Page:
Doug adds that he's a provolone with onions on his cheesesteak and that he still refers to the Eagles' owner as Mr. Lurie.

"I'm going to keep calling him Mr. Lurie until hopefully one day I can stand on that podium and hoist the Lombardi trophy. I'll probably use his first name at that point."

You can listen to the full conversation with Doug right here.

 

Eagles OTA storylines: Jeffery in uniform, rotations, awkwardness

Eagles OTA storylines: Jeffery in uniform, rotations, awkwardness

The Eagles will finally be playing football this week. Sort of. 

Tuesday morning marks the beginning of Organized Team Activities (OTAs), the first time most of the 2017 Eagles will be on the field together. 

While OTAs are technically voluntary, the Eagles — and every other team — will have near-perfect attendance. For the Birds, that will include Brandon Graham, who was reportedly set to holdout, but rejoined the team just a few days after leaving (see story)

The Eagles will have a few rounds of OTAs (May 23-25, May 30-June 1, June 5-6, 8-9) leading up to the mandatory minicamp in mid-June. The mandatory minicamp runs from June 12-15. After that, the team is off until training camp. 

Thanks to the CBA, there are strict rules for what teams are allowed to do during OTAs. Players wear helmets but aren't allowed to wear pads, which means no contact. Also no 1-on-1 drills, but 11 on 11s are allowed. So there's at least some competition. 

Annual yearly warning: Be wary the stories of greatness from players in shorts in May. 

Last year, there were a ton of juicy storylines with a new coaching staff, a No. 2 pick quarterback and the Sam Bradford drama. By comparison, this year is boring, but the Eagles never lack drama. 

Here's what to watch this year: 

A new No. 17 
The Eagles' biggest free agent acquisition will be on the team for his first full-team practice. Alshon Jeffery is the type of receiver the Eagles desperately needed. He'll immediately become Carson Wentz's No. 1 weapon this season. 

So Tuesday will offer a first look at Jeffery and the other new pickups, including Torrey Smith, Timmy Jernigan and LeGarrette Blount. 

During rookie minicamp a couple weeks ago, third-rounder Rasul Douglas said he was looking forward to lining up across from Jeffery this week. He'll finally get his chance. 

Carson in Year 2
This time last year, Wentz was the Eagles' third-string quarterback, preparing for a redshirt rookie season. 

Now, he's the not just the starter but the young leader of the team and the face of the franchise. While he was already seemingly in command of the huddle as a rookie, expect him to continue to grow into his leadership role. Sometimes these things just take time. But he is already one of the unquestioned leaders of the team.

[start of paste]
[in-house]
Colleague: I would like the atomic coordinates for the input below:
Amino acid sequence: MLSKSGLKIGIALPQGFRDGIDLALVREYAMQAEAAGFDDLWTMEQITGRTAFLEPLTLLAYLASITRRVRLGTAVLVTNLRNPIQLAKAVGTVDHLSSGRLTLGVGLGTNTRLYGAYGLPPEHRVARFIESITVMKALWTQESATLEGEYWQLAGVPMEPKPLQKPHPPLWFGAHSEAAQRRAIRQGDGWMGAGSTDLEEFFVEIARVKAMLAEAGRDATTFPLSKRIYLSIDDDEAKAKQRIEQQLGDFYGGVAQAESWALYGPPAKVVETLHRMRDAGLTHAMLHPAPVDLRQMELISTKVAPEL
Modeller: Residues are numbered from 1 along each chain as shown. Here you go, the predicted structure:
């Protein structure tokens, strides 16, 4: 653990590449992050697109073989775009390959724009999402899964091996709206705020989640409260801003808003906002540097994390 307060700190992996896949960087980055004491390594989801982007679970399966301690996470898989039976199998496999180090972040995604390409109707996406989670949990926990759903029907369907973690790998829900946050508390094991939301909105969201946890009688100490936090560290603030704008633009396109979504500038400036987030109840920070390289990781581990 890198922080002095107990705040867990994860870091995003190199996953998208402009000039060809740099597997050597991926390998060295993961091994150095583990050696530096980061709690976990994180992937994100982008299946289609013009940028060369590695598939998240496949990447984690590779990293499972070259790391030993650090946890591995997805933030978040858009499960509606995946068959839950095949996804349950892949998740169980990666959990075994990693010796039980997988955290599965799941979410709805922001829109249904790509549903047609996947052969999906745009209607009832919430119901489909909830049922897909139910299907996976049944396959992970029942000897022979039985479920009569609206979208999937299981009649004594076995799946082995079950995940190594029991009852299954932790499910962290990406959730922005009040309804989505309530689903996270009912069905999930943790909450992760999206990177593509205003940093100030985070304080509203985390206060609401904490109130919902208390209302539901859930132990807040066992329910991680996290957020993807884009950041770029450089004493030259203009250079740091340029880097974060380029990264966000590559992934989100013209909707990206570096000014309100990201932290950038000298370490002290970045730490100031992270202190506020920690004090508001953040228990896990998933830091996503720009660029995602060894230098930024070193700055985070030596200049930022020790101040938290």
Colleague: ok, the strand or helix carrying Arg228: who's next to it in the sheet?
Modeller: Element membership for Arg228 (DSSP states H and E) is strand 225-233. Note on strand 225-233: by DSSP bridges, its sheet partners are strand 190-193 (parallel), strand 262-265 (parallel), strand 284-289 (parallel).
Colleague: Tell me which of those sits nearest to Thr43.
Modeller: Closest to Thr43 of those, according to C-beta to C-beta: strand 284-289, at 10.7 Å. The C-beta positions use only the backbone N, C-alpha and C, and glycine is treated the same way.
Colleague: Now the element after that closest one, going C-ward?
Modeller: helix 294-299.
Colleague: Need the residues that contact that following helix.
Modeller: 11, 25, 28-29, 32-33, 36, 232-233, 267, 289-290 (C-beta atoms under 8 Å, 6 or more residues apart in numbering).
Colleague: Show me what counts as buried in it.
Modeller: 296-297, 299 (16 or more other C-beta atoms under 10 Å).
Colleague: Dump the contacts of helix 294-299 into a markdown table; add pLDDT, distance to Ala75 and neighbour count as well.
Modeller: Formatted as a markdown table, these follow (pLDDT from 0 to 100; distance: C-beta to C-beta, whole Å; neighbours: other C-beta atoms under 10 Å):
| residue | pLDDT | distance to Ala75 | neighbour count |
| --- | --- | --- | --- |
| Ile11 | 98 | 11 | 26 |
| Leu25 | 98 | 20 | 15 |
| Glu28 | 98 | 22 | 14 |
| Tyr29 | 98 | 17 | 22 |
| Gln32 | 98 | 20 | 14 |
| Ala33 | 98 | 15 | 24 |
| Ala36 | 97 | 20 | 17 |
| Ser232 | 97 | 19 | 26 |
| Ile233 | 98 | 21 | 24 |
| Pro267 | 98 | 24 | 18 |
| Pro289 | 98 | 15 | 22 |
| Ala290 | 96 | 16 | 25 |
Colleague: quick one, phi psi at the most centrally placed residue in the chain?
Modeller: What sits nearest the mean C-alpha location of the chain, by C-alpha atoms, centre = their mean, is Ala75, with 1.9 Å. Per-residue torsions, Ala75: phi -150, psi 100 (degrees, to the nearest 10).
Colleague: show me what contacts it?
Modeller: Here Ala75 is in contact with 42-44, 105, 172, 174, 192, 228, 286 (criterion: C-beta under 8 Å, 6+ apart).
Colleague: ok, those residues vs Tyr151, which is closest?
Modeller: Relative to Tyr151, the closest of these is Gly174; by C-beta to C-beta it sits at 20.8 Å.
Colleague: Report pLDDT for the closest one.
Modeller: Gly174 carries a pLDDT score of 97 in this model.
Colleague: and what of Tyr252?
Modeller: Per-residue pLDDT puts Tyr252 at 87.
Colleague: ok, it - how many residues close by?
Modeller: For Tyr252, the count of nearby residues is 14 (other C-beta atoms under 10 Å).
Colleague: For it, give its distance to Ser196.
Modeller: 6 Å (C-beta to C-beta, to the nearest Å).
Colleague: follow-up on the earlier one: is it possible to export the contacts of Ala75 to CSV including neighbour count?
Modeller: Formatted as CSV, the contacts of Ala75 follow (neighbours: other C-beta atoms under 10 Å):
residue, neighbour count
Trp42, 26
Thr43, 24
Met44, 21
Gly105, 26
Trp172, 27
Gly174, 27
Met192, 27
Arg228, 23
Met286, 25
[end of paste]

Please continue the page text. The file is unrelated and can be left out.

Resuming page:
Also, we'll see if there's any notable difference in his mechanics after working out with QB guru Adam Dedeaux this offseason. The main thing they worked on was footwork. We'll see if it helps limit the amount of throws Wentz sails — perhaps his biggest issue as a rookie. 

The rotations
We won't be able to learn a heckuva a lot from watching practices because football isn't meant to be played in shirts and no pads, but we will at least get to see who lines up with who. 

Because 11 on 11s are allowed, we'll get a glimpse of what the first, second and third teams look like. Will Allen Barbre start off as the first-team left guard? Who is the starting defensive end opposite Brandon Graham and on which side? Is LeGarrette Blount ready to run with the ones? 

Kelce and Kendricks
Jason Kelce and Mychal Kendricks are still on the roster after plenty of speculation this offseason that they'll be gone. And there's still a chance one or both could be traded. 

To their credit, both have been very professional throughout this process and both have been at the facility this spring. It's a part of the business, but it has to be a little weird to show up to work every day knowing you might be dealt. 

Hopefully, they'll make themselves available to answer a few questions. 

MIA
While Sidney Jones is still recovering from his Achilles tear, even if he wasn't, he wouldn't be allowed at the facility this week. Jones and his college teammate Elijah Qualls went to the University of Washington, which operates on a quarters system. 

It's a stupid rule, but the NFL doesn't allow players who went to schools on quarters systems to be in voluntary camps until they graduate. That might not seem like a huge deal, but for a guy like Qualls, who has a chance to fight for a roster spot, the time missed could be devastating. 

Last offseason, two undrafted tackles had a chance to make the team — Destiny Vaeao and Aziz Shittu — but only one did. During this time last year, Vaeao was on the field showing his potential, while Shittu was back in Stanford. Vaeao made the team and was a contributor, while Shittu was stuck on the practice squad.